IMG_3635And we enter the world of instant information-intake. Instant gratification. Right now news. Up to the second Twitter. Always out there, the next new thing.

It’s like standing in front of fire hydrant drinking water that is gushing into your throat and trying to enjoy it long term.

Instead of the fire hydrant approach to life, I think we should choose the little cup approach. A cup that we can comfortably lock our hands around and savor. Yes, the cup is smaller, but we can contain it and process it and know its limits. The cup can be measured and valued and discerned. The cup may not be quite as up to date, or as all-encompassing as the hydrant, but then again, wouldn’t it be better to know one or two things deeply than to know a very little about a lot?

I propose that maybe unending and bigger and more are not always superior when it comes to enjoying life. Maybe slow, little, deep, knowable, intimate, exclusive, and relational are better options. 

When you rush through life, you breeze past people. People.

  • Did you notice the hurting eyes of your teenager who was trying to tell you her little story, but she went on a little long and you got a little impatient and cut her short so you could move on to the next thing–the really important thing?
  • Did you ask your friend about her current apathy about life? She’s actually discouraged and spiraling downward, and nobody seems to notice.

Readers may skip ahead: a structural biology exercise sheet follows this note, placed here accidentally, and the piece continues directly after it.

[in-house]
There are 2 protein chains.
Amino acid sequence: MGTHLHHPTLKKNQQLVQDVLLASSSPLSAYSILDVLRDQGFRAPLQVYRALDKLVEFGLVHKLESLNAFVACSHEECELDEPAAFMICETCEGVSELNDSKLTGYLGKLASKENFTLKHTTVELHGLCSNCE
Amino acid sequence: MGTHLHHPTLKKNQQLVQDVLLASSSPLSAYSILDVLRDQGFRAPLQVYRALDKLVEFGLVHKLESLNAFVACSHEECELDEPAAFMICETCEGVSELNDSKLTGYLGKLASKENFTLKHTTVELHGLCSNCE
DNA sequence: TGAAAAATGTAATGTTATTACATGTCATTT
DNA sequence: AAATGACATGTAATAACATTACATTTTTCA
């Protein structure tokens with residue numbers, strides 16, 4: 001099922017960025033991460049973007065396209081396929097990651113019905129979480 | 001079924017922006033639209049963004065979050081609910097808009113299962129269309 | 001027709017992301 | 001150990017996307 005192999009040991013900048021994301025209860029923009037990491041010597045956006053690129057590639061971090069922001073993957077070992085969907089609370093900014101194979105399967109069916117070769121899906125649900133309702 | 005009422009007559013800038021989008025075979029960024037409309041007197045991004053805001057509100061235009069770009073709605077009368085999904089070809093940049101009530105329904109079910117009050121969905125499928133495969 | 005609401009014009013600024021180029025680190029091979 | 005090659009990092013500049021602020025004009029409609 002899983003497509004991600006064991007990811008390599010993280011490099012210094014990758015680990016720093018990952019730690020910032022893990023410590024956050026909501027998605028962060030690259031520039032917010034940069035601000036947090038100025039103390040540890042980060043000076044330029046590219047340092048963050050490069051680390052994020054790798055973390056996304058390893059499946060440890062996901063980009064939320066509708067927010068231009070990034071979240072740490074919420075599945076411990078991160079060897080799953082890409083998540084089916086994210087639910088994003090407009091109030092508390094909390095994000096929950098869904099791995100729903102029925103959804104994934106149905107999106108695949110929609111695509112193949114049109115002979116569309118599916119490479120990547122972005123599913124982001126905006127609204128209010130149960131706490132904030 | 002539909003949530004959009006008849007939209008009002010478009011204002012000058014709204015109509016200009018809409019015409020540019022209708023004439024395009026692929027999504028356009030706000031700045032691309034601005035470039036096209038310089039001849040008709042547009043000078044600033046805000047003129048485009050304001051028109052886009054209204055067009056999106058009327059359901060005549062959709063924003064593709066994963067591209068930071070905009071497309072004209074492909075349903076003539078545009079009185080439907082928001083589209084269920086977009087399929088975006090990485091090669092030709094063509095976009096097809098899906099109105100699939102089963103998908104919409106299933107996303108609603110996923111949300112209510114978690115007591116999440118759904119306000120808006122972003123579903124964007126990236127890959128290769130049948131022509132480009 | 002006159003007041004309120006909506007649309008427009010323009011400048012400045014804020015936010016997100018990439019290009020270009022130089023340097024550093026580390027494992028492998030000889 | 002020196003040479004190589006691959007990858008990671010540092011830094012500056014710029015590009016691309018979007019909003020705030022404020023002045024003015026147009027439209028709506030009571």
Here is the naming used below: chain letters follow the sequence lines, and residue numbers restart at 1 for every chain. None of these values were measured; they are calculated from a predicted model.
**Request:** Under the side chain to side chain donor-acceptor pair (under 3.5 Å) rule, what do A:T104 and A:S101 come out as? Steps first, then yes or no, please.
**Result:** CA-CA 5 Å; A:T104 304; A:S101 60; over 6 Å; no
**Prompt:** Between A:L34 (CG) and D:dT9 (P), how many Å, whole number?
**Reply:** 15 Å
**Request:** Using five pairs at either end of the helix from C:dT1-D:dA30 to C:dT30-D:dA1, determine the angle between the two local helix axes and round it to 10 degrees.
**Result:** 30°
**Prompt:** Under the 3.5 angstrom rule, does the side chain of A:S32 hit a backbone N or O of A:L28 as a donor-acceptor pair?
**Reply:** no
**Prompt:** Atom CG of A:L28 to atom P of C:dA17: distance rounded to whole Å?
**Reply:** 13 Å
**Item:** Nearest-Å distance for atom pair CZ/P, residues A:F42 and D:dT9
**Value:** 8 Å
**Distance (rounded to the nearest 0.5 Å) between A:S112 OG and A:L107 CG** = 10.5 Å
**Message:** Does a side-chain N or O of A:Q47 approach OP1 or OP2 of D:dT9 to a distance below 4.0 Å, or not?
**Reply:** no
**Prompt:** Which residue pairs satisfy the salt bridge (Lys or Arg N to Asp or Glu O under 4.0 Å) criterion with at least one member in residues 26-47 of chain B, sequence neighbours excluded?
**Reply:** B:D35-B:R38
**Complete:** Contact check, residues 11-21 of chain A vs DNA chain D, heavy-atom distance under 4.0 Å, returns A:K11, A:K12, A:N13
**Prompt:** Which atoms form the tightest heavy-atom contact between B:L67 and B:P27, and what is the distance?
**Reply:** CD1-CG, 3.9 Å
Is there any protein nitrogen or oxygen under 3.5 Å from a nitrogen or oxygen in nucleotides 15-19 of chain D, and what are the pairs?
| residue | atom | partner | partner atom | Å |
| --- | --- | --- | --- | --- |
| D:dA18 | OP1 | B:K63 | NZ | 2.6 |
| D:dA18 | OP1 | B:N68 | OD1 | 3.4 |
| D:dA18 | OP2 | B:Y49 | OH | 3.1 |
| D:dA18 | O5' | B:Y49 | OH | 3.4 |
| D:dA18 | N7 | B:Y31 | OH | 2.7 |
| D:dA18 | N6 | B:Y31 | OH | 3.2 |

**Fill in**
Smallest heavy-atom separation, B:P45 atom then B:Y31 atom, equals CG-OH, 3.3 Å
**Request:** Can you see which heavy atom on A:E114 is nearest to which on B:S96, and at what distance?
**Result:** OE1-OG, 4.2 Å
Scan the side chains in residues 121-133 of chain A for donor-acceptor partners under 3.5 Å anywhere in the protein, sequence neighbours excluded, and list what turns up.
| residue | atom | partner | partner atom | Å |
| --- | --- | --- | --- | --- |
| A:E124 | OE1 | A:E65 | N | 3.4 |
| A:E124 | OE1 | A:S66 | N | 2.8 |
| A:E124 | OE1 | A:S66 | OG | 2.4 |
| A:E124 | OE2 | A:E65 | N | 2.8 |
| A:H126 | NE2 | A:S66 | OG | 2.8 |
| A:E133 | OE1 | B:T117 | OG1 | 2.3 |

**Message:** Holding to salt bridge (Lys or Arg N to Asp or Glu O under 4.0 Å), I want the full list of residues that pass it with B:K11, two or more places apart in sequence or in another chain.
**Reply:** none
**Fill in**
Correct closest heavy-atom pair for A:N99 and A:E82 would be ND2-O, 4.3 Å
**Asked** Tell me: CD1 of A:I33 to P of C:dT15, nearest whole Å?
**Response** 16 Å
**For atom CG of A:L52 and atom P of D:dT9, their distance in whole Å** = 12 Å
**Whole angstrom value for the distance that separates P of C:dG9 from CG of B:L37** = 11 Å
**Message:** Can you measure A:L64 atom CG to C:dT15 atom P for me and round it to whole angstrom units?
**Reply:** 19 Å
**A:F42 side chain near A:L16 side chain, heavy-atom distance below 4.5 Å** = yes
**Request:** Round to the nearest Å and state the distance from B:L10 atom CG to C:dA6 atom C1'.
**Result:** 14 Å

• In your rush, did you speak callously to another person, so oblivious to your own tone of voice that you’re hurting people and shutting them out and you can’t figure out why they won’t warm up to you later?
  • Has kindness taken a backseat in your home? You’re too busy to sit with that child or connect with him in a meaningful way. You don’t have time for a cup of lemonade with your kids, but you’ll drop anything for a friend?

I understand that life gets busy, but I also understand that life is more busy than it needs to be. We need to decide if our “busy” is meaningful or meaningless, because let’s face it, there are a thousand-and-one ways to flitter away the day. But just because time passes does not mean it all passed equally. Some 24 hour days were lived better than others. The best days are the ones where we poured into the lives of others and were also poured into. Mutual respect and love receives and gives. (Don’t take on the martyr complex of always having to help all the needy, clueless people around you. You also have needs and can benefit from friends pouring into your life, mutually.)

Call me old fashioned, but I think if we focused more on what was in front of us and less on what was inside the magic 4″ electronic screen, we’d live happier, more thoughtful lives.

What say you?

*PS: You know I love technology as much as the next girl, so I’m not knocking it, I’m saying it’s hold on our life should have definite limits, because the people that are actually in front of us are precious.